Cubs like idea of Jumbotron

MESA, Ariz. — The Chicago Cubs were the last major league team to add lights, ending a tradition that became synonymous with the ballclub.

Twenty-two years later, the Ricketts family is busy remodeling Wrigley Field, removing the concrete panels on the outer walls along Addison Street, adding a sports bar under the right-field bleachers and even contemplating advertising in the bleachers.

“We have a lot of work to do to improve the facilities,” chairman Tom Ricketts said. “Obviously Wrigley needs a lot of love and a lot of help over the next few years.”

The Cubs have been adding new revenue streams for years, including the bleacher expansion, the LED signs on the upper deck and the Captain Morgan Club. With all the changes in store, could the end of Wrigley Field as we know it be at hand?

Will the Cubs eventually become the last team to add a Jumbotron?

Nothing is in the works, though a straw poll team president Crane Kenney conducted at the Cubs Convention showed a 50-50 split on the idea of a video scoreboard. The hand-operated scoreboard in center field is protected by landmark provisions, but the Cubs would find another spot for a video board.

Asked about balancing traditions with winning, Ricketts said, “I don’t think you have to touch any traditions to get better and take it to the next level. I can’t think of any place where there’s a real conflict with that. I think in the field at Wrigley, there might be some (tradition) down the line where we make the decision — ‘This is the way it’s always been, but we can do it better.’”

The majority of Cubs players polled on the issue were in favor of a video board either in or outside of Wrigley.

“That’d be good for the fans and good for us,” Aramis Ramirez said. “I don’t think it would change the ambience. That would be good for everybody.”

Ryan Dempster agreed, as long as the Cubs put it “in the right spot.”

“But where’s the right spot?” he asked. “A rooftop? That’d be cool. But that would ruin my tradition of getting the rookies to look to the bleachers, (saying) ‘Hey, check out the replay …’”

Ryan Theriot was in the minority. Theriot believes a Jumbotron could change the ballpark forever, adding extraneous noise, doughnut races and a “Kiss Cam.”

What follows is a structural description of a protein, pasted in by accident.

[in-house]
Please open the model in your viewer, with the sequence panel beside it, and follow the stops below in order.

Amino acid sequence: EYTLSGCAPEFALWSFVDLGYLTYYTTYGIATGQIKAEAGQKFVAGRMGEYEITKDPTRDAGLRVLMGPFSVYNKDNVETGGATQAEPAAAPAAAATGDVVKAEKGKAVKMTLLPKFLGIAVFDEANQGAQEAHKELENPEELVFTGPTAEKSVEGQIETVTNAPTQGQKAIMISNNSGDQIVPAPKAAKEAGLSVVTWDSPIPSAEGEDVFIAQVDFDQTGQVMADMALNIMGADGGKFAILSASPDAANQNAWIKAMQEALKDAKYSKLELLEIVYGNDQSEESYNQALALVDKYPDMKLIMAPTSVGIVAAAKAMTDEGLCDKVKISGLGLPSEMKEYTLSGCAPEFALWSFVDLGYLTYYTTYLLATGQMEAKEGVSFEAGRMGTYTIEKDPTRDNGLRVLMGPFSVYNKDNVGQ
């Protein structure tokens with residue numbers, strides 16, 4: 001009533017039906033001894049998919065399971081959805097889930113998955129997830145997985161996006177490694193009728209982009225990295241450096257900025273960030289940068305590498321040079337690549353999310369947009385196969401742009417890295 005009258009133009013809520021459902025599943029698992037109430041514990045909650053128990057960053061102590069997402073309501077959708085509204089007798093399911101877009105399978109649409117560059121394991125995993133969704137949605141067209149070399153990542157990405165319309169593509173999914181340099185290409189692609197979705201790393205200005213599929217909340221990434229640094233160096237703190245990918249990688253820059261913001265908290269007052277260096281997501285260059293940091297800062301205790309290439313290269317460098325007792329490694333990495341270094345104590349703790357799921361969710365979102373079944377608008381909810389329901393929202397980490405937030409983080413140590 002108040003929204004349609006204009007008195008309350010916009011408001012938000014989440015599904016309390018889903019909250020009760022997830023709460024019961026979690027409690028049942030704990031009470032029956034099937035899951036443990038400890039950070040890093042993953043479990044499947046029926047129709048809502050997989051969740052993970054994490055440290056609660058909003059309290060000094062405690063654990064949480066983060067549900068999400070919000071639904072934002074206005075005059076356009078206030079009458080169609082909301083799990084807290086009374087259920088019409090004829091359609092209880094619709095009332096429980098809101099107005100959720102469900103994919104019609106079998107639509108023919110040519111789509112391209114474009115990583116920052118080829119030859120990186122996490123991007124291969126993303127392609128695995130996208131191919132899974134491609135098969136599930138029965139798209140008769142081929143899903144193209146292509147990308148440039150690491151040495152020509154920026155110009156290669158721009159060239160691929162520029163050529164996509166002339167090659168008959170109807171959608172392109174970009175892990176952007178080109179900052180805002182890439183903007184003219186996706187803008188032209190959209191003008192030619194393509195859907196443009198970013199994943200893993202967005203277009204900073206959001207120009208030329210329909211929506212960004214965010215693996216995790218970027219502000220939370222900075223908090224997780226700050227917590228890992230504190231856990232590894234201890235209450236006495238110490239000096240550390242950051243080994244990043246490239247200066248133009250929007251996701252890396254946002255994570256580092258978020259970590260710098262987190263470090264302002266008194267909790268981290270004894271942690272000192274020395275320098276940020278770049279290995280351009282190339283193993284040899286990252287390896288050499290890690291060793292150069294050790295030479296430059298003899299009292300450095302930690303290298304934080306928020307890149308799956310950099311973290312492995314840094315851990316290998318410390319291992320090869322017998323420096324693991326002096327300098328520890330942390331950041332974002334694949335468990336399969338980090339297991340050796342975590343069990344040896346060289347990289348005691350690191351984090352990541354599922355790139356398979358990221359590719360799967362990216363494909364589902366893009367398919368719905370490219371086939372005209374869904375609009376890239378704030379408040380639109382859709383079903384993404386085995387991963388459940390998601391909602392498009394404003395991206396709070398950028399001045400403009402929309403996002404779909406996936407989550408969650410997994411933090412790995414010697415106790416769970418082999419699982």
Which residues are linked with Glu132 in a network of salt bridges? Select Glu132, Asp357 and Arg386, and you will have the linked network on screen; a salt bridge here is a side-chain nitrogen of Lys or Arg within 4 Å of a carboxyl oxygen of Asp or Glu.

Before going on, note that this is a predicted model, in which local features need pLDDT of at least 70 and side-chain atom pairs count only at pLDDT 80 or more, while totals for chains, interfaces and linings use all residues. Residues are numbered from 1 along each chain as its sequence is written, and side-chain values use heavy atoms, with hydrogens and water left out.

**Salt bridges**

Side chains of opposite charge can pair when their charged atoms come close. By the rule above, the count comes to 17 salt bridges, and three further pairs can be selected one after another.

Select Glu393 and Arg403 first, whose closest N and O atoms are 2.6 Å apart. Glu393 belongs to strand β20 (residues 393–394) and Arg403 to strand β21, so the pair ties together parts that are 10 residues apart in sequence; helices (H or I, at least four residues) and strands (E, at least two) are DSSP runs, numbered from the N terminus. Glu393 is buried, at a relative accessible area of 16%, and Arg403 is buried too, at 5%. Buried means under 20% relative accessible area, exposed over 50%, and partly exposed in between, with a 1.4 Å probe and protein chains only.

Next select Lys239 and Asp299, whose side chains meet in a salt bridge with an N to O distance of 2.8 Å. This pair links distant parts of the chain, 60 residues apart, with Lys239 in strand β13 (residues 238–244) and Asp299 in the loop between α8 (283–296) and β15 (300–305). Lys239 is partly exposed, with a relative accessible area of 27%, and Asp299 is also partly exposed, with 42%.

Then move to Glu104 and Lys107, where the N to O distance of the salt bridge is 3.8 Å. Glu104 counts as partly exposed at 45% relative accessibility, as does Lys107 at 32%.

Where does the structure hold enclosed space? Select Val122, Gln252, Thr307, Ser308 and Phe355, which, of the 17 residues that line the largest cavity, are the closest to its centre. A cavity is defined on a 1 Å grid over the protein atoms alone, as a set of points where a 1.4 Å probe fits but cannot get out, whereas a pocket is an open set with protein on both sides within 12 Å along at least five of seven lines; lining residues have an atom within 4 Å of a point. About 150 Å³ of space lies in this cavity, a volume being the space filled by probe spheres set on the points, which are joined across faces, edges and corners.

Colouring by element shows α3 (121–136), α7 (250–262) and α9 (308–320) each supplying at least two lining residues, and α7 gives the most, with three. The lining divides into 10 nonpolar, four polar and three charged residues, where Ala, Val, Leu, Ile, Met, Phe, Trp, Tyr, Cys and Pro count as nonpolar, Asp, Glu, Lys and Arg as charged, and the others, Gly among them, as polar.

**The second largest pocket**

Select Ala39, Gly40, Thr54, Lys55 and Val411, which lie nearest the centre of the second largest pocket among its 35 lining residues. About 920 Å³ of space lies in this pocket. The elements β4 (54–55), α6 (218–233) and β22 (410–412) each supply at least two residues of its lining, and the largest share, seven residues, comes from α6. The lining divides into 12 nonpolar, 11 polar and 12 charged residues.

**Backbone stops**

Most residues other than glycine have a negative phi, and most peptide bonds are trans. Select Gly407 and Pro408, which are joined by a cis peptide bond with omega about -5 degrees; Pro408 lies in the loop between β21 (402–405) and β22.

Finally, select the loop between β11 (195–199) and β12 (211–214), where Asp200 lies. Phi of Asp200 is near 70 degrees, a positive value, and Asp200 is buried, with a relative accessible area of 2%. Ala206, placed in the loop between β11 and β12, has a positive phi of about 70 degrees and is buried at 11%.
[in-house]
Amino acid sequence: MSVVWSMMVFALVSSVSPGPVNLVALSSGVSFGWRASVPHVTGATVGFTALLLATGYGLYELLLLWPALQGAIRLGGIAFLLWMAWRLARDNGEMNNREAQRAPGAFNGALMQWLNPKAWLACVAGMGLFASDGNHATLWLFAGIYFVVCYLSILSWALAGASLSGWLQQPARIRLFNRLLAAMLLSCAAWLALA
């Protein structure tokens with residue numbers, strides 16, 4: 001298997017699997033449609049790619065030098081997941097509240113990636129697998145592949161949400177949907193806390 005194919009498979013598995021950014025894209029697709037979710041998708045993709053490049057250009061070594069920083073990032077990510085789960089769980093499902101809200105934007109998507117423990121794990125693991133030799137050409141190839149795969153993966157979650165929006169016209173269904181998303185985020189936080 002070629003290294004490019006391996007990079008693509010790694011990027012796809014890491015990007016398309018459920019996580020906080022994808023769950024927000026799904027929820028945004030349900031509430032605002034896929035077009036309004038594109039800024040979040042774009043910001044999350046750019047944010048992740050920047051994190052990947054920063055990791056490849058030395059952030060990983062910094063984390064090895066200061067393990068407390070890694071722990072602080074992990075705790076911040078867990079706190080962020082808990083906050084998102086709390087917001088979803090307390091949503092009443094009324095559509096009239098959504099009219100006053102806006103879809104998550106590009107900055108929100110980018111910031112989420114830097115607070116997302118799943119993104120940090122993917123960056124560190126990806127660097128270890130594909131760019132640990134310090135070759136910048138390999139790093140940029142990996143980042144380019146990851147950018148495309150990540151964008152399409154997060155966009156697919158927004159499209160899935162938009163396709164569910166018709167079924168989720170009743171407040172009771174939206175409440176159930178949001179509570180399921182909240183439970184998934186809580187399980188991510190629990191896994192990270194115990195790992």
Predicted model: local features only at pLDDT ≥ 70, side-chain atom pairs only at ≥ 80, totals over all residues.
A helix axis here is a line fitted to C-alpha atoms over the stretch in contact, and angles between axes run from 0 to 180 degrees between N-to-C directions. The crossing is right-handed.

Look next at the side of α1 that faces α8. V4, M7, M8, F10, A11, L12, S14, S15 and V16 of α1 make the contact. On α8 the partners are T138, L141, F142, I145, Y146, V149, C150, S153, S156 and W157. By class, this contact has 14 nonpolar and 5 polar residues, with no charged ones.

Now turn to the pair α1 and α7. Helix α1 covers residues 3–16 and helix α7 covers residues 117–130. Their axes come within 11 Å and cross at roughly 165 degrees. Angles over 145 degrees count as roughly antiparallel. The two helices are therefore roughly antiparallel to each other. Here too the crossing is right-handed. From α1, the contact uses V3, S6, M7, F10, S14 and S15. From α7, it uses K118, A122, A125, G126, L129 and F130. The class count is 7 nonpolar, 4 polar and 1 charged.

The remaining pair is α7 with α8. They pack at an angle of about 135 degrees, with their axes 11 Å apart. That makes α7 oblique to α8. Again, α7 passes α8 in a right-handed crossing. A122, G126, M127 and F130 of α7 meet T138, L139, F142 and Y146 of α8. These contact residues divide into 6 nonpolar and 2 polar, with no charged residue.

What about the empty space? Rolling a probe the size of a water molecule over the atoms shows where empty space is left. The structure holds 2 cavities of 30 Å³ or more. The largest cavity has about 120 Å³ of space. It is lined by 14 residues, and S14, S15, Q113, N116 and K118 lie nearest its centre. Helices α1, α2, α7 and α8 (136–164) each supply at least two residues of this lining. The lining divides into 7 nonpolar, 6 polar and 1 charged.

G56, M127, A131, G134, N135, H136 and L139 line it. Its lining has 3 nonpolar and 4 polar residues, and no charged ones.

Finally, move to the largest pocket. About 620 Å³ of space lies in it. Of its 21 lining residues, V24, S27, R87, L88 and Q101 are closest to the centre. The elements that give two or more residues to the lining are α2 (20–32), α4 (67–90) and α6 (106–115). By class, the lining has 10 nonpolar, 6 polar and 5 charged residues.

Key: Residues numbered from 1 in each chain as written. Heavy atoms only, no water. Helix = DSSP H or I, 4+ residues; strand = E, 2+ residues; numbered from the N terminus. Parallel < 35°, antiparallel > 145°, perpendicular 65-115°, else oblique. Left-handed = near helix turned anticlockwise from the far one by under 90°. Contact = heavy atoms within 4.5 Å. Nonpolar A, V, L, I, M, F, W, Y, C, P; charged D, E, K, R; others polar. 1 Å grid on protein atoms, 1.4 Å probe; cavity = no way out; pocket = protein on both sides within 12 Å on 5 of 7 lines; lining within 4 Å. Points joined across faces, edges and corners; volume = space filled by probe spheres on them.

“If you’re going to do that, you might as well change the whole park and modernize everything,” Theriot said. “The way it is now is the way it’s been for years, and the way it’s meant to be, so you might as well leave it the way it is. I know things change and times change, but from a historical standpoint, that Wrigley vibe, that feel … a Jumbotron would change everything.”

Others don’t mind a little bit of change.

“It’s great to have the ambience on the field, but I think a Jumbotron would be pretty beneficial,” Tom Gorzelanny said. “There already is so much history with the stadium itself, so to add on something like that, I don’t think it would take away from anything.

“You’d get the fans into it a lot more, and then you can see the replay yourself instead of hearing people in the upper deck who see the TVs and hearing what they think of it.”

Jeff Samardzija, who played football at Jumbotron-free Notre Dame Stadium, is conflicted.

“You like to see whether the call was right or wrong, or if it was just a sweet play to watch again,” he said. “You can kind of look back and see the little TVs up on the balcony. I think it’d be nice.

“I’d say get rid of the Horseshoe Casino (rooftop) sign and put one up on that building. That way it’s not even in the field. Or maybe put two up by the lights on top of the awning. Nothing gaudy like Yankee Stadium, where the Jumbotron is as big as the whole stadium. You can keep the history and the aura of Wrigley … but it is 2010.”

Derrek Lee was in favor of a Jumbotron, but said it wouldn’t be a priority for him.

“I want music,” Lee said. “Real music, you know, not organ music. When I walk up to the plate, I want to hear the song I want to hear. I’d be for that before the Jumbotron. That’d really be fun.”

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